Published on December 22, 2020
Throughout the year, Canadian cities and their residents have grappled with how to make the urban experience more liveable in the time of COVID-19.
Armed with new data on a seven-month experiment in active transportation and livability, the National Capital Commission (NCC) has some ideas on the new normal cities may wish to imagine, even once the pandemic is over. From Spring to Autumn 2020, the NCC opened its parkways to people, closing the majority of its 100 kilometres of roadways to cars at various times throughout the week, the highest percentage of any jurisdiction in Canada. By reserving these spaces for active use – from cycling to roller-skiing to walking – the initiative enabled more than 700,000 safe, pleasant, outdoor visits to our parkways for our residents and visitors. Some 8,000 of those visitors responded to an online survey, the results of which we think are relevant well beyond the nation’s capital.
Two of our major urban east-west roadways were closed to cars during the day on weekends. An additional 2.5-km stretch along the Rideau Canal was closed every day from 8 a.m. to 8 p.m. for the summer. In Gatineau Park, a massive protected area close to the capital’s urban core, the scenic parkways that traverse the southern end of the park were made accessible only to active users, except on Sunday afternoons.
What did we learn?
Ninety-five per cent of respondents supported the initiative – for many reasons. Chief among them was the opportunity to remain safe, outdoors and connected at a time when people desperately needed a break from the pandemic. Others applauded the opportunity to explore new neighbourhoods, enjoy active family time, and the ability to do so in the absence of engine noise and tailpipe emissions.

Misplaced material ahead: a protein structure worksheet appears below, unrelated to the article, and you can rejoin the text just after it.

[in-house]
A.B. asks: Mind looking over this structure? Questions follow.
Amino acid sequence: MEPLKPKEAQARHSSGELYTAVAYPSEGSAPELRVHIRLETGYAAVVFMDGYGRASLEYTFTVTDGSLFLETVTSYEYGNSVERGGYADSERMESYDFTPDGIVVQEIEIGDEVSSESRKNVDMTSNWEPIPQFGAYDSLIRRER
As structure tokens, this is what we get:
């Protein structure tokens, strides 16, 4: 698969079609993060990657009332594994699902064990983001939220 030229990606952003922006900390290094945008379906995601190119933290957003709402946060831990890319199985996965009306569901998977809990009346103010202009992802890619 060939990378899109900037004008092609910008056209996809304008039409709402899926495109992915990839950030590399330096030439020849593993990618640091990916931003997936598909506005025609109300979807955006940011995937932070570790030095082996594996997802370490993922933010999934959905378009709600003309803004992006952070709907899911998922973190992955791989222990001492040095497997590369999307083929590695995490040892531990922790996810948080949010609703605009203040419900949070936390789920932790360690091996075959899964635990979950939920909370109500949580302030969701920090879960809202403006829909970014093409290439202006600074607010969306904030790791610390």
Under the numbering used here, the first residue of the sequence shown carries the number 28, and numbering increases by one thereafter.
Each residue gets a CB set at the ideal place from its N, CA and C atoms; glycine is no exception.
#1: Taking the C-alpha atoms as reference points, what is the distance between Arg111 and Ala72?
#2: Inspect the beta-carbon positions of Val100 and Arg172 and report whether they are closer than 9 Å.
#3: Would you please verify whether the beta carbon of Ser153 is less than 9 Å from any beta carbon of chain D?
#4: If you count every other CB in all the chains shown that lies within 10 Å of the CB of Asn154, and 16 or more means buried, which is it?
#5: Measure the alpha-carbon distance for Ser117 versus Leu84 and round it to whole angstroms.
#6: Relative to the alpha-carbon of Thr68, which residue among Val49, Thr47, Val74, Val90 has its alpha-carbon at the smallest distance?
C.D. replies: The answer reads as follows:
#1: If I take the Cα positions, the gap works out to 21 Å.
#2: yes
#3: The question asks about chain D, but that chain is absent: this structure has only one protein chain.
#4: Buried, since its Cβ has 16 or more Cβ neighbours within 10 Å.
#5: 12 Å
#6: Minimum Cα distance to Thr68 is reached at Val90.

Most tellingly, the number of users on our parkways increased when they were closed to vehicular traffic. In other words, we saw more people – walkers, joggers, cyclists, in-line skaters and others – use our infrastructure when roads were “closed” than cars when the roads were “open.” Thus, the greatest lesson for city planners and decision-makers is that we have a powerful opportunity to reclaim our public roads for people, not just cars.
As we digest these results and plan for next year, we want to reduce barriers for those who were unable to experience our pilot project. That is why we are motivated to enhance accessibility to NCC venues by exploring options for electric shuttle buses on our Gatineau Park parkways, e-bike rentals, and coordinating better public transit access.
Knowing the importance of connectivity, we are looking at ways to create a more robust network with our municipal partners. At a time when we need to sharply reduce our greenhouse gas emissions, the promotion of sustainable transportation has never been more important.
As we are a federal Crown corporation with a national mandate to ensure our capital reflects the country’s values, exercising leadership in the facilitation of safe outdoor activity during the pandemic was, and remains, important. That this experiment fell on the 50th anniversary of our Bike Sundays program seems an appropriate coincidence. In 1970, the NCC was the first jurisdiction in Canada to close some of its parkways to cars on a regular basis.
While the deep disruptions caused by COVID-19 have made innovation necessary, nobody then could anticipate the toll or cost of the pandemic. The impacts and lessons of COVID-19 will be with us for some time to come.
If there is a silver lining, it is that new best practices such as opening “parkways for people” might live on to provide residents of, and visitors to, the capital a new experience, while providing a national example of making our cities more livable.
National Capital Commission
This letter was published in the Ottawa Citizen on Saturday, December 19, 2020.